13. Northeastern (23-10). Coach Bill Coen’s team has the OK to shoot from just about anywhere on the floor, and the strategy has worked as the Huskies are back in the field for the first time since 2015. They must play better defense to have a chance to win a game.
14. Georgia State (24-9). Coach Ron Hunter has his team in the field again, largely because of the contributions of standout guard D’Marcus Simonds. All five starters score in double figures.
15. Abilene Christian (27-6). The Wildcats moved up to Division I five years ago and are in the tournament in large part because of a senior class led by forward Jaren Lewis. Coach Joe Golding has done great work to put them in this position.
16. Iona (17-15). Coach Tim Cluess found a way to get here again, but he’s 0-5 in the tournament. The Gaels started 2-9 but have won 10 straight. Rickey McGill does a little bit of everything for a team with plenty of shooters.
Four players to watch
Fletcher Magee, Wofford: Magee never has met a 3-pointer he didn’t like, even when he’s not squared up. He runs off so many screens that he’s often still on the move in the wrong direction as he enters his motion. It’s as close to Jimmer Fredette as college basketball has seen since he left Brigham Young, but Magee’s idol is former Duke star J.J. Redick.
Bryce Brown, Auburn: There are few things more frightening to a defense than the helpless feeling of watching Brown get hot from the outside. Coach Bruce Pearl gives the Tigers a lot of freedom, but when Brown is feeling it, he’s liable to shoot from anywhere on the floor.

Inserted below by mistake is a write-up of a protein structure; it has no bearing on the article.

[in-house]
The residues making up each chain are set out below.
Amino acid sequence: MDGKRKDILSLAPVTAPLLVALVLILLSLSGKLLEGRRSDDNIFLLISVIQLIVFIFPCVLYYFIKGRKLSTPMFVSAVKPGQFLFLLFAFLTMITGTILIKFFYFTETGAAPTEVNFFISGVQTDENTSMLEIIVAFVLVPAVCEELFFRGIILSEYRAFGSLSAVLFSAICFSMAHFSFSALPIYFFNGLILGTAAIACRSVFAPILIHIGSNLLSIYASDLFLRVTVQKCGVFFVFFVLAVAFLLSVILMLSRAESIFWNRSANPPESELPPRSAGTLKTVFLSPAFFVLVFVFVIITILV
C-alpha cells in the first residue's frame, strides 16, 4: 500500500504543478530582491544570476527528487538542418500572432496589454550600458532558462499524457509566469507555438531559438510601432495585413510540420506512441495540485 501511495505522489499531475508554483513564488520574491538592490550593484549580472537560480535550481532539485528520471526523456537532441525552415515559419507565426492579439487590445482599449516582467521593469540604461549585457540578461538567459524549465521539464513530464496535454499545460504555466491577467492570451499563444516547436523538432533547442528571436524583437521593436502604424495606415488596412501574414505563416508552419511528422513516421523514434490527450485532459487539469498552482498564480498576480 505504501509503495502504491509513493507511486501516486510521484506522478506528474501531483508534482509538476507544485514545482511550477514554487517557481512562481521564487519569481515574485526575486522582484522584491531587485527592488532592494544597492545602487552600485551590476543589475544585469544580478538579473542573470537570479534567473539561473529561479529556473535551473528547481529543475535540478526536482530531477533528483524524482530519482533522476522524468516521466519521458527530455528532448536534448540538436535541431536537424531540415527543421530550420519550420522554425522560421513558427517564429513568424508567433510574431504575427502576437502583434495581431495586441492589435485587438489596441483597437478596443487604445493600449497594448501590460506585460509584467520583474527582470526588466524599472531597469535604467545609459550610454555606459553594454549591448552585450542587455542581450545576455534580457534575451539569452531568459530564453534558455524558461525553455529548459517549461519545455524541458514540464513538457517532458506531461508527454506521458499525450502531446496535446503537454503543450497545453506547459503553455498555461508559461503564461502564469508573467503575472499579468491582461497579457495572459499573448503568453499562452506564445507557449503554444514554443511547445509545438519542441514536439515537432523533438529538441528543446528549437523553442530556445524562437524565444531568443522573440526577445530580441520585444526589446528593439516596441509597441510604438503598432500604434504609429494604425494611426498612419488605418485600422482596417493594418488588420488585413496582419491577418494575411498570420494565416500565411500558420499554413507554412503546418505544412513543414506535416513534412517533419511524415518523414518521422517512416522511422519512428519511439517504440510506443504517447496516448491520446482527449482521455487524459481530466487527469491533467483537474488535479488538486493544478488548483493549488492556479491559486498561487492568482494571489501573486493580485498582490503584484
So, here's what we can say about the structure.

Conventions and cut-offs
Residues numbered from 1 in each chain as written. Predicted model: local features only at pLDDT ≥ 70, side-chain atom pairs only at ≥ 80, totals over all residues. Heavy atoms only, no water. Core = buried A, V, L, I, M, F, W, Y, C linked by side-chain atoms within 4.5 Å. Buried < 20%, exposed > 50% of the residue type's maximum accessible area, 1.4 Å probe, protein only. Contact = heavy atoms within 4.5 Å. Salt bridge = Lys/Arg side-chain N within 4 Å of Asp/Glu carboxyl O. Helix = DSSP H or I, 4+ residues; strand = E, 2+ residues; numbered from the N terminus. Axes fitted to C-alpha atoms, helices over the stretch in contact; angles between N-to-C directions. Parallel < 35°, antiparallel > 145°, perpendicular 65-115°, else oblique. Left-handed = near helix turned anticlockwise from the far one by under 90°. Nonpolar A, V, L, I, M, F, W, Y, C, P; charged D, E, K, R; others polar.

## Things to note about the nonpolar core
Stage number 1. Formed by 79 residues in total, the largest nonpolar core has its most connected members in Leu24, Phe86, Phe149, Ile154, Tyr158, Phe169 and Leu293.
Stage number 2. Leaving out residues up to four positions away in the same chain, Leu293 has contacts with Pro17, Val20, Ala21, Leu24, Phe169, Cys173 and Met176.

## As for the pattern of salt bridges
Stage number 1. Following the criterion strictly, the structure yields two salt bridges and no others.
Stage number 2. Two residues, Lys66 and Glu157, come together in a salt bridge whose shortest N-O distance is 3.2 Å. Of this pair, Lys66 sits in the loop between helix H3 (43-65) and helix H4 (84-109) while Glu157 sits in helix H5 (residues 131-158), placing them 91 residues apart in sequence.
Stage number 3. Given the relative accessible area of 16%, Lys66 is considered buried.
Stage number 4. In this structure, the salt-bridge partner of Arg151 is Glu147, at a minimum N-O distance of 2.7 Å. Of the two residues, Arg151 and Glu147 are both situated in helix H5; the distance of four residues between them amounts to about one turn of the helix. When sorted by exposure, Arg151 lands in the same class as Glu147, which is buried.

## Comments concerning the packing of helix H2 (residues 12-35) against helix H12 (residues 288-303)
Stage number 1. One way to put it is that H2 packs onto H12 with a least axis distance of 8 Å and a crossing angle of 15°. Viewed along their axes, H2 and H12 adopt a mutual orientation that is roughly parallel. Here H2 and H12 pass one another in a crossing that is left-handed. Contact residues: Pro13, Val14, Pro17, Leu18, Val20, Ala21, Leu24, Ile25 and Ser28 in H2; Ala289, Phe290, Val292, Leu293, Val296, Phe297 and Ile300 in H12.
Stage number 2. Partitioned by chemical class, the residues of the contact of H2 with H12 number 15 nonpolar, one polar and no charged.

Marial Shayok, Iowa State: He’s the Cyclones’ best player and has tournament experience. He played in eight NCAA games with Virginia, including one against Iowa State, before transferring to Ames.
Matisse Thybulle, Washington: Thybulle is the only player in college basketball this season who ranks in the top 50 in steals (first, 3.55 per game) and blocks (18th, 2.32 per game). He’s the first player in 20 years with 100 steals and 70 blocks in the same season.
Three best potential matchups
North Carolina vs. Kentucky, Elite Eight: It’s always fun when two of the elite programs renew their rivalry, and that was the case when the two met in Chicago and the Wildcats emerged victorious. It’s the two prior meetings that have fans drooling for a rematch, though. Kentucky won a 103-100 thriller at T-Mobile Arena in December 2016 before the Tar Heels exacted revenge in the 2017 tournament. North Carolina leads the series 24-16.
Washington vs. Auburn, Sweet 16: A long shot to happen, but it could answer the question about whether a team can shoot its opponent out of a zone. The Huskies employ that zone defense Hopkins brought from Syracuse, and the Tigers have no fear from the outside.
Kentucky vs. Seton Hall, round of 32: The teams met in the regular season and exchanged 3-pointers in the final 1.1 seconds to force overtime when Kentucky’s Keldon Johnson hit a half-court buzzer beater. The Pirates won the game in overtime, but the Wildcats had a better season.
Two bracket busters
New Mexico State: Chris Jans has his team playing well, and they meet Auburn in the first round. The Tigers are good, sometimes great, but they rely on the outside shot. If Auburn struggles on 3-point attempts, the upset could happen.
Georgia State: Ron Hunter knows what it takes to have tournament success. He should be pleased about drawing a Houston team that is flawed despite its impressive record. He’s undoubtedly even more excited to have a star player in D’Marcus Simonds.
Kentucky: The Wildcats let a late lead slip away against Tennessee in the SEC semifinals, but have been showing steady improvement all season. Kentucky has the talent to make a sustained run.